In the Pacific Theater of WWII, the Battle of Midway Island was unquestionably a decisive naval battle. Coming just six months after the demoralizing Pearl Harbor attack, and one month after the Japanese Navy’s tactical victory in the Battle of the Coral Sea, the US Navy won this decisive battle comprehensively.

US Navy Achieves a Resounding Victory

Devastators of VT-6 aboard USS Enterprise being prepared for take off during the battle.
Devastators of VT-6 aboard USS Enterprise being prepared for take off during the battle.

The attacking Japanese fleet suffered devastating damage. It was Japan’s first sea warfare defeat in almost 80 years. For Japanese Navy, the defeat at Midway was the most stunning and decisive reversal. The US Navy achieved what is acclaimed as the most successful victory in the annals of naval warfare.

On June 4th, 1942, the US Navy caught the four Japanese carriers under Admiral Nagumo unprepared for the pre-planned carrier air attack. The attack started at 0930. At 1030, dive bombers hit the carriers relentlessly. The Japanese carriers Soryu, Kaga, and Akagi were sunk in quick time. The fourth carrier, Hiryu, was hit and sunk in the late afternoon.

US Casualties and Losses at Midway Island

Yorktown at the moment of impact of a torpedo from a Nakajima B5N of Lieutenant Hashimoto's 2nd chūtai.
Yorktown at the moment of impact of a torpedo from a Nakajima B5N of Lieutenant Hashimoto’s 2nd chūtai.
  • 307 killed
  • 150 aircraft destroyed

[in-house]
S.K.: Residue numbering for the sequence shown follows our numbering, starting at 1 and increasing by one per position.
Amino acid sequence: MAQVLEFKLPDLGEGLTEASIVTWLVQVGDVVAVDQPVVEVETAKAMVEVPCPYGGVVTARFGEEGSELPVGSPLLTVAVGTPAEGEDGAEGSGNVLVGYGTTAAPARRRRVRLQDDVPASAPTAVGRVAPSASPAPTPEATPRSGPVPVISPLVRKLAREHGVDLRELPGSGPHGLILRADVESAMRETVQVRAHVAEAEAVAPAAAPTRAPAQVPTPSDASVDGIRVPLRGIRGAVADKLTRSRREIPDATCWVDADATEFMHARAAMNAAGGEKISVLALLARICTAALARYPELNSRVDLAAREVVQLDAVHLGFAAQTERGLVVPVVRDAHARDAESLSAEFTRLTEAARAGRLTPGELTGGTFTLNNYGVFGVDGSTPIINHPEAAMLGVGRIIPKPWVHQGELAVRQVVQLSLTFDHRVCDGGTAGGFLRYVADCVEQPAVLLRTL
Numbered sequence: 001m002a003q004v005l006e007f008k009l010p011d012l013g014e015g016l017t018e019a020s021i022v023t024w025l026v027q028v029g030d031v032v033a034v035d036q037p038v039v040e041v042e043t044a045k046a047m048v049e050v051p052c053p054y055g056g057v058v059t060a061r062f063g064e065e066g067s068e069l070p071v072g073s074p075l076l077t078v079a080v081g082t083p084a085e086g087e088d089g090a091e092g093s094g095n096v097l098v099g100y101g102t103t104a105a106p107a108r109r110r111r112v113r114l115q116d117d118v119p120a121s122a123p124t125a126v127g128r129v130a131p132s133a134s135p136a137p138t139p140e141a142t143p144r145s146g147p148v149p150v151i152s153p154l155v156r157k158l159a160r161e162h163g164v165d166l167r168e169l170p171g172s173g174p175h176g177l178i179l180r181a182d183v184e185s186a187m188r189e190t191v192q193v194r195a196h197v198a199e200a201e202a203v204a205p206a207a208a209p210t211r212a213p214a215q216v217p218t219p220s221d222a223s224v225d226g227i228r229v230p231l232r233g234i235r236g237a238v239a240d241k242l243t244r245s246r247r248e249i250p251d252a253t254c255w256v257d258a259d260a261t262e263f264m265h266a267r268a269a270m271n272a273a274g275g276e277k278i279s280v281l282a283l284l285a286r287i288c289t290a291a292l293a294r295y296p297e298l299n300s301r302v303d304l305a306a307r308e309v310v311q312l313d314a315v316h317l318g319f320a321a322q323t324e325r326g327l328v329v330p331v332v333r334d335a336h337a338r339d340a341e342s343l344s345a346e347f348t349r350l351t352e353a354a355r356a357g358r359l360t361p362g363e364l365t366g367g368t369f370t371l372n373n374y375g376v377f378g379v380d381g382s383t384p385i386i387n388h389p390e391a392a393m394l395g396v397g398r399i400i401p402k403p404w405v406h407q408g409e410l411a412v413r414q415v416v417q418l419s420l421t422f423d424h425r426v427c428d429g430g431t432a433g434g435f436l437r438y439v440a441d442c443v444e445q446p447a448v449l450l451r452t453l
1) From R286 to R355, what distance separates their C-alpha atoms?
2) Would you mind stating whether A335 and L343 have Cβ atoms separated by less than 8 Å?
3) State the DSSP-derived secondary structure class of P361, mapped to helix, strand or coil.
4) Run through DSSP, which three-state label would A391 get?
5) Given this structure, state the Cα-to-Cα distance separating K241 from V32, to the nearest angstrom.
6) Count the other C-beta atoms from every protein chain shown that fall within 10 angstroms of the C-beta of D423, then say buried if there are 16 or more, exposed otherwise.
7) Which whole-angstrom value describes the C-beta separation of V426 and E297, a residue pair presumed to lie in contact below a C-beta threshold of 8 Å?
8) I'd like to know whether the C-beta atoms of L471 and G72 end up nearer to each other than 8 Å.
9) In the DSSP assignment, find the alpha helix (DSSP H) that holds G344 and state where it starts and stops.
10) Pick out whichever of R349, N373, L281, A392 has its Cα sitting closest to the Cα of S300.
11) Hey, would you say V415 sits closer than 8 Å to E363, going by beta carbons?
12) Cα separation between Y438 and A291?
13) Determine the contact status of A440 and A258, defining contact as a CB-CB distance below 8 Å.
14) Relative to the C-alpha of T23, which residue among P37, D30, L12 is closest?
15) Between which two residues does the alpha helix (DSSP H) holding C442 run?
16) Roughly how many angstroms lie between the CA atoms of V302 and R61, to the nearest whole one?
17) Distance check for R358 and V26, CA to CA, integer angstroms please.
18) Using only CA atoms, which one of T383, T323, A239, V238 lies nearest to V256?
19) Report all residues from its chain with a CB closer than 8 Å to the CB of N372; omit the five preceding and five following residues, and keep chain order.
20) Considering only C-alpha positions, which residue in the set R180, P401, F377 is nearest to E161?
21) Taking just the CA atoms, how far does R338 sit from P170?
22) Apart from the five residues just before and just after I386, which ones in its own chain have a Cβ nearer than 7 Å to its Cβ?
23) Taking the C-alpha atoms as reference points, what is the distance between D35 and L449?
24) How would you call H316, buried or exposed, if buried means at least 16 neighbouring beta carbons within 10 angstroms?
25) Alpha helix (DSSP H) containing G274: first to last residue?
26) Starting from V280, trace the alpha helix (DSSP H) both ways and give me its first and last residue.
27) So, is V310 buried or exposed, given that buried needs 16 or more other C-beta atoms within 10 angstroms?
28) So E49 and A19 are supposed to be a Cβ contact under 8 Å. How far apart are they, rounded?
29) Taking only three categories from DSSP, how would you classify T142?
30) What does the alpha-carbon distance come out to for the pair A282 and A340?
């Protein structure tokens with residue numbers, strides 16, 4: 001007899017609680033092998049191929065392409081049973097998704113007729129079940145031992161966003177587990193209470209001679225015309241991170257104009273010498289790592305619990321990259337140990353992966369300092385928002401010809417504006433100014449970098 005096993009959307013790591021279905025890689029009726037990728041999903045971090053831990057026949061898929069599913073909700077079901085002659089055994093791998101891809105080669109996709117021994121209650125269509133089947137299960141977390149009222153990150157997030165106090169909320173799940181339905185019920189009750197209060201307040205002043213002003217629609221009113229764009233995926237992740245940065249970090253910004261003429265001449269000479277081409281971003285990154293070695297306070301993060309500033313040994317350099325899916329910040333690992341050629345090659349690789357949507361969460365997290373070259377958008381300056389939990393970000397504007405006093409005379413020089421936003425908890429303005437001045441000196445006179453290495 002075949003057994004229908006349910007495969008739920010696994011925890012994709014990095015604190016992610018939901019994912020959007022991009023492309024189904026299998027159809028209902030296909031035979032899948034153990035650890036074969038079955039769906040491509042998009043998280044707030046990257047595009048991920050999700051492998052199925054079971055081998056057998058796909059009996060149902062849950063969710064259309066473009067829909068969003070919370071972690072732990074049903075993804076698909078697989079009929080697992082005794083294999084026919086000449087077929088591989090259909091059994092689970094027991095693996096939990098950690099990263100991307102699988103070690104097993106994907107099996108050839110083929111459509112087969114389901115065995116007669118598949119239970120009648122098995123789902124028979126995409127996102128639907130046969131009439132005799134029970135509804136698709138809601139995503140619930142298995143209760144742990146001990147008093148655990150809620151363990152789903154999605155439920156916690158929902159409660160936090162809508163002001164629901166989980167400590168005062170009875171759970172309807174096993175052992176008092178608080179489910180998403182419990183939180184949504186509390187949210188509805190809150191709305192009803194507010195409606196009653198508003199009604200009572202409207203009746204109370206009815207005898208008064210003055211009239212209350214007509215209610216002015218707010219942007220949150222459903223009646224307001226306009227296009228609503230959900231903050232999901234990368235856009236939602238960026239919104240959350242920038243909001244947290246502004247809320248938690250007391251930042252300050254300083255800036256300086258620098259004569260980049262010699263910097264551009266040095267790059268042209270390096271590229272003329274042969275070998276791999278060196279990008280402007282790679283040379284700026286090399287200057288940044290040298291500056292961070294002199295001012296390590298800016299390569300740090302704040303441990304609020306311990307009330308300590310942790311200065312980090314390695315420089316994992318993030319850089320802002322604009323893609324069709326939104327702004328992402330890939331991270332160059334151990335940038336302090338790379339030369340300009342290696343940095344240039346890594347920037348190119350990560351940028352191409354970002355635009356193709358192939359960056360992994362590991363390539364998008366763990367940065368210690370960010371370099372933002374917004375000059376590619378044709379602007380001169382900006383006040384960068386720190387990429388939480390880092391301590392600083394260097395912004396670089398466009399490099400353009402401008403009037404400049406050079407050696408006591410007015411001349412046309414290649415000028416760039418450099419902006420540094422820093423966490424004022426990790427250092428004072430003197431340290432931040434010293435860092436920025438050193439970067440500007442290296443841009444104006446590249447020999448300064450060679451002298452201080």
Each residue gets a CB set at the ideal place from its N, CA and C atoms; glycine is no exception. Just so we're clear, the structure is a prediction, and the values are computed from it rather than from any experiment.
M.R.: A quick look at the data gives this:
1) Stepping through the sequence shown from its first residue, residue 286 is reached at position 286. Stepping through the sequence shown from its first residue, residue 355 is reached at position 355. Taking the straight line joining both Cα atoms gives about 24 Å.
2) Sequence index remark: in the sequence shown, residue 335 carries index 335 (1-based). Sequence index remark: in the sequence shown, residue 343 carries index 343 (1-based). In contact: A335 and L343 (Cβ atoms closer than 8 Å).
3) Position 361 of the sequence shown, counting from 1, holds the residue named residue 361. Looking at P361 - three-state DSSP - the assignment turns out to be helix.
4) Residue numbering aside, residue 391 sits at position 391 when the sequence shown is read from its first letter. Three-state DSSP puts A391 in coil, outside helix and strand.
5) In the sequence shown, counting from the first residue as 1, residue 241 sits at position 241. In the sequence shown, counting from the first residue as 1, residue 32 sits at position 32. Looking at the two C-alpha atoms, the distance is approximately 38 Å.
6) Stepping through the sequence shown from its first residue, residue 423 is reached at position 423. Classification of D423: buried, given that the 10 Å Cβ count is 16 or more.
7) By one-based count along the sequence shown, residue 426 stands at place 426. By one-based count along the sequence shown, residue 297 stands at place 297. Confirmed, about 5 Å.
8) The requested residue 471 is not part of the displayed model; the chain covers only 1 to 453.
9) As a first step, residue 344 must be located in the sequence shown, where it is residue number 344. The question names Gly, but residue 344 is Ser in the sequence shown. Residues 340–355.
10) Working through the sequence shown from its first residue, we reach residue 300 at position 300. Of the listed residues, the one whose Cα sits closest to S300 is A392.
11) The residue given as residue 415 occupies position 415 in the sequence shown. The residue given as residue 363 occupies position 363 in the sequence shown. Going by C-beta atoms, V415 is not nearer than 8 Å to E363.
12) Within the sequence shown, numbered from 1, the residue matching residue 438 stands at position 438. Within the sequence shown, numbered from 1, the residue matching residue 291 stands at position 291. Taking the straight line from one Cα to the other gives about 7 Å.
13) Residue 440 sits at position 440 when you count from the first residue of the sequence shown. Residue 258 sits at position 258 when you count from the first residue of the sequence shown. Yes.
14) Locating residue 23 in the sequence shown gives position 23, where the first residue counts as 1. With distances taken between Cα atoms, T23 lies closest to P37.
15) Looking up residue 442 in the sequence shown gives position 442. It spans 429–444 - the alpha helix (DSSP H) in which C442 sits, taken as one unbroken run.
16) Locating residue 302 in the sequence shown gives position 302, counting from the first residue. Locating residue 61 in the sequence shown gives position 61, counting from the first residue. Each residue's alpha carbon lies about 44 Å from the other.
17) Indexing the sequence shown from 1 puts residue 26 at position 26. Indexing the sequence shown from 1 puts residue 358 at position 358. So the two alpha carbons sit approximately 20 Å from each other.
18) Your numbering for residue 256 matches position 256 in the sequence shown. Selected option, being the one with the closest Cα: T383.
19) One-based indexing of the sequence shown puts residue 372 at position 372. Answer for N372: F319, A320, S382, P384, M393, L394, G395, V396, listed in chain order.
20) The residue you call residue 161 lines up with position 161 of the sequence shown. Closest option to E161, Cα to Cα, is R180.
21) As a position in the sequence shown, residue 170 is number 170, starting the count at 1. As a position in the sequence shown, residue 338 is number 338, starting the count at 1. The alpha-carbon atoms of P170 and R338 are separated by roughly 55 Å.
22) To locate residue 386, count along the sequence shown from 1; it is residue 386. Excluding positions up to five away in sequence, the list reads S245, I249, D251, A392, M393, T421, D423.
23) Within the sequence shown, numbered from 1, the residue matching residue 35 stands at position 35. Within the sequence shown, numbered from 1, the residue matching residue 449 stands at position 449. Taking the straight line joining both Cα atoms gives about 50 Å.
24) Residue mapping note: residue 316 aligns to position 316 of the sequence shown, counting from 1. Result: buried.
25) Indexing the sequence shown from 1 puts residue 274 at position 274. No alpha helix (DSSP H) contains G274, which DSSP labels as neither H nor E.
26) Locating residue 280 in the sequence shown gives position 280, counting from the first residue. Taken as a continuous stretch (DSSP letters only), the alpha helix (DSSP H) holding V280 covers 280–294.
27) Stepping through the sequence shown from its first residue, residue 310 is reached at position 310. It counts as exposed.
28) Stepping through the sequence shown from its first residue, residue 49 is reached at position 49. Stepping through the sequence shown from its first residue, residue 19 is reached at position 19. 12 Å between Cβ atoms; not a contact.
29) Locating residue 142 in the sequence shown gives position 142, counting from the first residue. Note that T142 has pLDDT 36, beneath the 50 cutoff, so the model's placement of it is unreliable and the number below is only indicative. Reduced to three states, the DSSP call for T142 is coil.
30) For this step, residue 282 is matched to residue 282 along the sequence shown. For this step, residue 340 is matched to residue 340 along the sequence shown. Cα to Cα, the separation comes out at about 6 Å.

• 1 destroyer sunk
  • 1 carrier sunk

Japanese Casualties and Losses at Midway Island

Hiryū, shortly before sinking. This photo was taken by Special Service Ensign Kiyoshi Ōniwa from a Yokosuka B4Y off the carrier Hōshō.
Hiryū, shortly before sinking. This photo was taken by Special Service Ensign Kiyoshi Ōniwa from a Yokosuka B4Y off the carrier Hōshō.
  • 3,057 killed
  • 248 aircraft destroyed
  • 1 heavy cruiser damaged
  • 1 heavy cruiser sunk
  • 4 carriers sunk
US Navy Sinks All 4 Japanese Navy’s Heavy Aircraft Carriers and Blunts its Striking Prowess Considerably

Although US Navy lost a destroyer and the carrier Yorktown, it blunted the striking power of the Japanese Navy significantly by sinking four aircraft carriers in this battle. After the loss at Midway Island, Japan’s ability to replace material losses (specifically aircraft carriers) and personnel (particularly well-trained pilots) deteriorated rapidly. Conversely, the massive industrial capabilities of the US made it far easier for the US Navy to replace its losses in quick time.

Conclusion

In the Pacific Theater, the critical turning point was the resounding victory of the US Navy in the Battle of Midway Island. Admiral Raymond A. Spruance, Admiral Chester W. Nimitz, and Admiral Frank Jack Fletcher adopted successful tactics at Midway Island. They cut the US casualties to just about one-tenth of the Japanese (307 dead on the US side versus 3,057 dead on the Japanese side). The US Navy also pushed the Japanese Navy on to a defensive position for the remainder of the Second World War. Imperial Japan’s ability to launch an attack in the Pacific was severely dented due to the loss of four aircraft carriers.

And if you ever happen to visit Oahu, there are plenty of Pearl Harbor tours that cover the events that happened, that later lead to the battle of Midway.